The estimate for total gas resources has risen marginally since 2003. Sold gas and gas reserves add up to about the same figure as proven gas reserves in 2003. Undiscovered and contingent gas resources are slightly higher than the estimated undiscovered quantity in 2003.
New fields contribute most
About 70 per cent of the growth since 2003 has come from discoveries made during the period. The remainder derives primarily from measures implemented or planned to improve recovery from the fields.
The figure below shows the status for and volume of discoveries since 2003. Fluids account for 75 per cent of proven petroleum resources. More than half the fluids and a third of the gas discovered since 2003 have been sanctioned for Development..
Big oil discoveries
Johan Sverdrup, the biggest oil discovery after 2003, has reserves of 298 million scm oe in its first development stage. In addition, plans call for substantial resources to be developed in subsequent phases on the field.
A number of other large oil discoveries have also been made, including 7220/8-1 Johan Castberg and 7324/8-1 Wisting in the Barents Sea. Both are expected to yield more than 50 million scm of oil.
The biggest gas discovery since 2003 is 6406/9-1 Linnorm, with 24.9 million scm oe of recoverable resources. Dvalin is the largest sanctioned for development, with recoverables of 18.8 million scm oe. A plan for development and operation (PDO) was submitted in 2016..
Projects on fields contribute to reserve growth
Measures and new projects on the fields added more than 500 million scm oe to recoverable resources in 2003-16.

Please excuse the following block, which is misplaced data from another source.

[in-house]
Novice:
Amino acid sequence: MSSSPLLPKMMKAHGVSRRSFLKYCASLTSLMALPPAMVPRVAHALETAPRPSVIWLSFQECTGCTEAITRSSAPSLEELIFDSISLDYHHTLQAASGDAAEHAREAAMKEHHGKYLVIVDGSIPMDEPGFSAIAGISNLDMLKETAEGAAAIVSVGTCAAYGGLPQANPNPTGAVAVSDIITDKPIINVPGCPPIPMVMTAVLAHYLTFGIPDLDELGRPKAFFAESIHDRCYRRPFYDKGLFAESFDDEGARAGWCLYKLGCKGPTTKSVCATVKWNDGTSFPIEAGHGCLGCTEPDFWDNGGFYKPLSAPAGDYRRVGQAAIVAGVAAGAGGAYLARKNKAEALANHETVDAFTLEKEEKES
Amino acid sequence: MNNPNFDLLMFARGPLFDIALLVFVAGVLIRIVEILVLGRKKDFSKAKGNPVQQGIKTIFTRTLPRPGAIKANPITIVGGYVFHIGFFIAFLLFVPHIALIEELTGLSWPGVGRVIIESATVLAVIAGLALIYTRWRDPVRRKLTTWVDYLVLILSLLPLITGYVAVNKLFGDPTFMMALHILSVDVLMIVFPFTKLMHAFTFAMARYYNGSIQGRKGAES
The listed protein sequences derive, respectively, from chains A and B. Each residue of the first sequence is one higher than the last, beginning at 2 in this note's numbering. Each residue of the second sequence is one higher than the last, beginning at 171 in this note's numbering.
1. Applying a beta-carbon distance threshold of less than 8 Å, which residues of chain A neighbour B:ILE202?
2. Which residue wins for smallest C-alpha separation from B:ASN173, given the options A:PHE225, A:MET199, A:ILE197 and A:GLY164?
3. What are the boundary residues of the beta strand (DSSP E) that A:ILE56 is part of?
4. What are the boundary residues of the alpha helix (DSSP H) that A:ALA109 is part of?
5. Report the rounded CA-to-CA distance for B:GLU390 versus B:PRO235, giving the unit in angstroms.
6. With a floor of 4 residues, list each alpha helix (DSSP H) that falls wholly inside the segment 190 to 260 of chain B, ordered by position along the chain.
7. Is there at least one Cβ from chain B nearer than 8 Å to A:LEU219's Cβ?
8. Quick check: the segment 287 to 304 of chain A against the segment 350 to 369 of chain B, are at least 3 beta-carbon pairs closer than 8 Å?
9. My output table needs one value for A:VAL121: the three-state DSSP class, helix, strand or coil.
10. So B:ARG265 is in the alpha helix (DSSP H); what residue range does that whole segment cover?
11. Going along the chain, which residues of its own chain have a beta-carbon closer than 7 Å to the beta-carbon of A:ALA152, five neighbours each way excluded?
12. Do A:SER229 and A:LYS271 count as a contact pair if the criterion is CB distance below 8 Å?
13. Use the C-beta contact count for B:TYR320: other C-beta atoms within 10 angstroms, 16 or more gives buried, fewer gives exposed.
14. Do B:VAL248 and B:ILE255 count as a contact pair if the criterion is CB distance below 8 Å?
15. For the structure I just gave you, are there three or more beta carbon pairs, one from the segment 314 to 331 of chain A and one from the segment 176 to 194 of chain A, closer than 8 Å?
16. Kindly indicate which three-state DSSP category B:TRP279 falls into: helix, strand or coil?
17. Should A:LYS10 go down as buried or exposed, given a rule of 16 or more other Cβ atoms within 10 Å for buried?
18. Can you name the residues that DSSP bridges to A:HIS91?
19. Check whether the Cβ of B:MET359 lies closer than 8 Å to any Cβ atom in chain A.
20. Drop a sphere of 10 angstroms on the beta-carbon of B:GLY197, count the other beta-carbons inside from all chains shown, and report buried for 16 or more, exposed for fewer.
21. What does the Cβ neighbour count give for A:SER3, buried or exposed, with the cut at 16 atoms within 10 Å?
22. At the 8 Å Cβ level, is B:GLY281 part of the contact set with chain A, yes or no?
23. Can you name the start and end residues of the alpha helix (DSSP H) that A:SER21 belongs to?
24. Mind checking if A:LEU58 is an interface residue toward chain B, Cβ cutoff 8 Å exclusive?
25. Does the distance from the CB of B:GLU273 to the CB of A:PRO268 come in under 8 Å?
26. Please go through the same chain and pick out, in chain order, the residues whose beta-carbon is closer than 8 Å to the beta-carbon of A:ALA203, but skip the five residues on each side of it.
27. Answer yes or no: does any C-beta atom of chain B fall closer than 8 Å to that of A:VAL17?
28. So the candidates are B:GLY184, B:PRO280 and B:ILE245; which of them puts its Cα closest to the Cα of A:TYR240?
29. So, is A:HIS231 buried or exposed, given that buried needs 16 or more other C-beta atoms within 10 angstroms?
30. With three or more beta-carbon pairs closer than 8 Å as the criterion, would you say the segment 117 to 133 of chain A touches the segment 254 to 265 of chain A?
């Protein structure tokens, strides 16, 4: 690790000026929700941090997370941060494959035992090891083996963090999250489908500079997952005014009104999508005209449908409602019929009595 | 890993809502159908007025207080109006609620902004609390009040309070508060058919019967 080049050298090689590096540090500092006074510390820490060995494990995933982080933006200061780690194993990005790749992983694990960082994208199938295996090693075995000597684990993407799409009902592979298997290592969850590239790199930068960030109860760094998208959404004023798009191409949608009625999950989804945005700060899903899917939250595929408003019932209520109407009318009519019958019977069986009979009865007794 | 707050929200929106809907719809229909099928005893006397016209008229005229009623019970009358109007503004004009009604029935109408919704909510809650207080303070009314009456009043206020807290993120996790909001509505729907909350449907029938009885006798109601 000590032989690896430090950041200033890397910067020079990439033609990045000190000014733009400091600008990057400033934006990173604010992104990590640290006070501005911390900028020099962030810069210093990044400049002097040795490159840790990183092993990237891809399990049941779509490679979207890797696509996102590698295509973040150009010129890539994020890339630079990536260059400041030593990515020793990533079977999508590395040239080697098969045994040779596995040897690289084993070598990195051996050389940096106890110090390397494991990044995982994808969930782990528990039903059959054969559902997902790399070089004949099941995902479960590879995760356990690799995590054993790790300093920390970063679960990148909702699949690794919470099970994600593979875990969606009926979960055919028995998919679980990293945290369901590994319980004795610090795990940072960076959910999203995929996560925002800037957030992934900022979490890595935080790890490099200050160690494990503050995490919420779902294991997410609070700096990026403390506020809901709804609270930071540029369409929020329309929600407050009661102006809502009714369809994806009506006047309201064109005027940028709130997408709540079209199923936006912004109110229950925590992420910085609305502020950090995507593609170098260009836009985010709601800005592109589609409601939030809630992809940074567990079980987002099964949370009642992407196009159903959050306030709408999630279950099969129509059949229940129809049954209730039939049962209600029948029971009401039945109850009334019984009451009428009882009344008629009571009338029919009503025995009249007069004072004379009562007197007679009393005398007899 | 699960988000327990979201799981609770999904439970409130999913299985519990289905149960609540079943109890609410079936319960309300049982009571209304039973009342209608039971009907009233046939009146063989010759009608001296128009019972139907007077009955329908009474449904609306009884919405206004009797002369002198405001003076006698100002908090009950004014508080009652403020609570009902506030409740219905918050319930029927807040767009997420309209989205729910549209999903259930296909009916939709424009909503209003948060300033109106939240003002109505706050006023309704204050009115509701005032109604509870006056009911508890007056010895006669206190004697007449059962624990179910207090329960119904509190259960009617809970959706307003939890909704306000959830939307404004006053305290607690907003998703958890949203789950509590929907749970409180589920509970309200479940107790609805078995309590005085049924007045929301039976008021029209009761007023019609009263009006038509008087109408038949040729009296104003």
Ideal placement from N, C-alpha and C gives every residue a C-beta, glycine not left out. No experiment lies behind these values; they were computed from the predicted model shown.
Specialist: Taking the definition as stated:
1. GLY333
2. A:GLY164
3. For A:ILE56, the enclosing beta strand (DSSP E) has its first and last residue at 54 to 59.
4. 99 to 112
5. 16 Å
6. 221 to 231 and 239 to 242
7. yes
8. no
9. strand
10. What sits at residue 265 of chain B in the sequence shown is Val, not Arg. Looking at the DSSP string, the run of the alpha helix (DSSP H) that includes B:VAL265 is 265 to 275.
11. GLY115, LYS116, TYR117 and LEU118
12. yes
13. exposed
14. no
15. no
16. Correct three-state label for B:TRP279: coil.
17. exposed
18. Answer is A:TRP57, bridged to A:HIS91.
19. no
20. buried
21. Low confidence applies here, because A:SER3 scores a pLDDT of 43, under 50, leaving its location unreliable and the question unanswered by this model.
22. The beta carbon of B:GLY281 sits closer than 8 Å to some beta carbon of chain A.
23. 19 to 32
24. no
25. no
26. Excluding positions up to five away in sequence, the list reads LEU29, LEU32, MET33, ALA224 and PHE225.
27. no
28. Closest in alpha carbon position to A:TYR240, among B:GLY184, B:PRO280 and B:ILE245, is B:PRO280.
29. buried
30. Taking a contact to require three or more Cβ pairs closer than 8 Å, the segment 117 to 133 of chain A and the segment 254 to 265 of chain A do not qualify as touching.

Contributors to this growth include:
- optimising recovery
- constructing new production facilities
- extending the producing life of Fields
- identifying new opportunities
- drilling many new wells.
All the resources in the accounts are expected to be produced, but the future level of production will depend on such factors as:
- which measures have been implemented on the Fields
- which discoveries are sanctioned for development, and when they are due to come on stream
- which new discoveries have been made, how large they are, and how and when they are developed.
According to the production forecast, output is expected to remain at the level maintained so far in this decade. The contribution from petroleum sanctioned for development will stay at a high and stable level over the next five years. While the level of production will be maintained in the subsequent five years, the contribution from resources in fields and discoveries yet to be sanctioned for development will increase. Undiscovered resources are expected to acquire greater significance for production towards 2030.
IOR prize for 2016
The increase in the volume of gas resources derives primarily from action to reduce reservoir pressure. Such measures – like subsea compression on Åsgard, for example – are normally implemented when most of the gas which can be recovered without additional support has been produced. Work by the Åsgard licensees on subsea compression won them the NPD’s prize for improved oil recovery (IOR) in 2016.
IOR prize 2016: Groundbreaking technology on Åsgard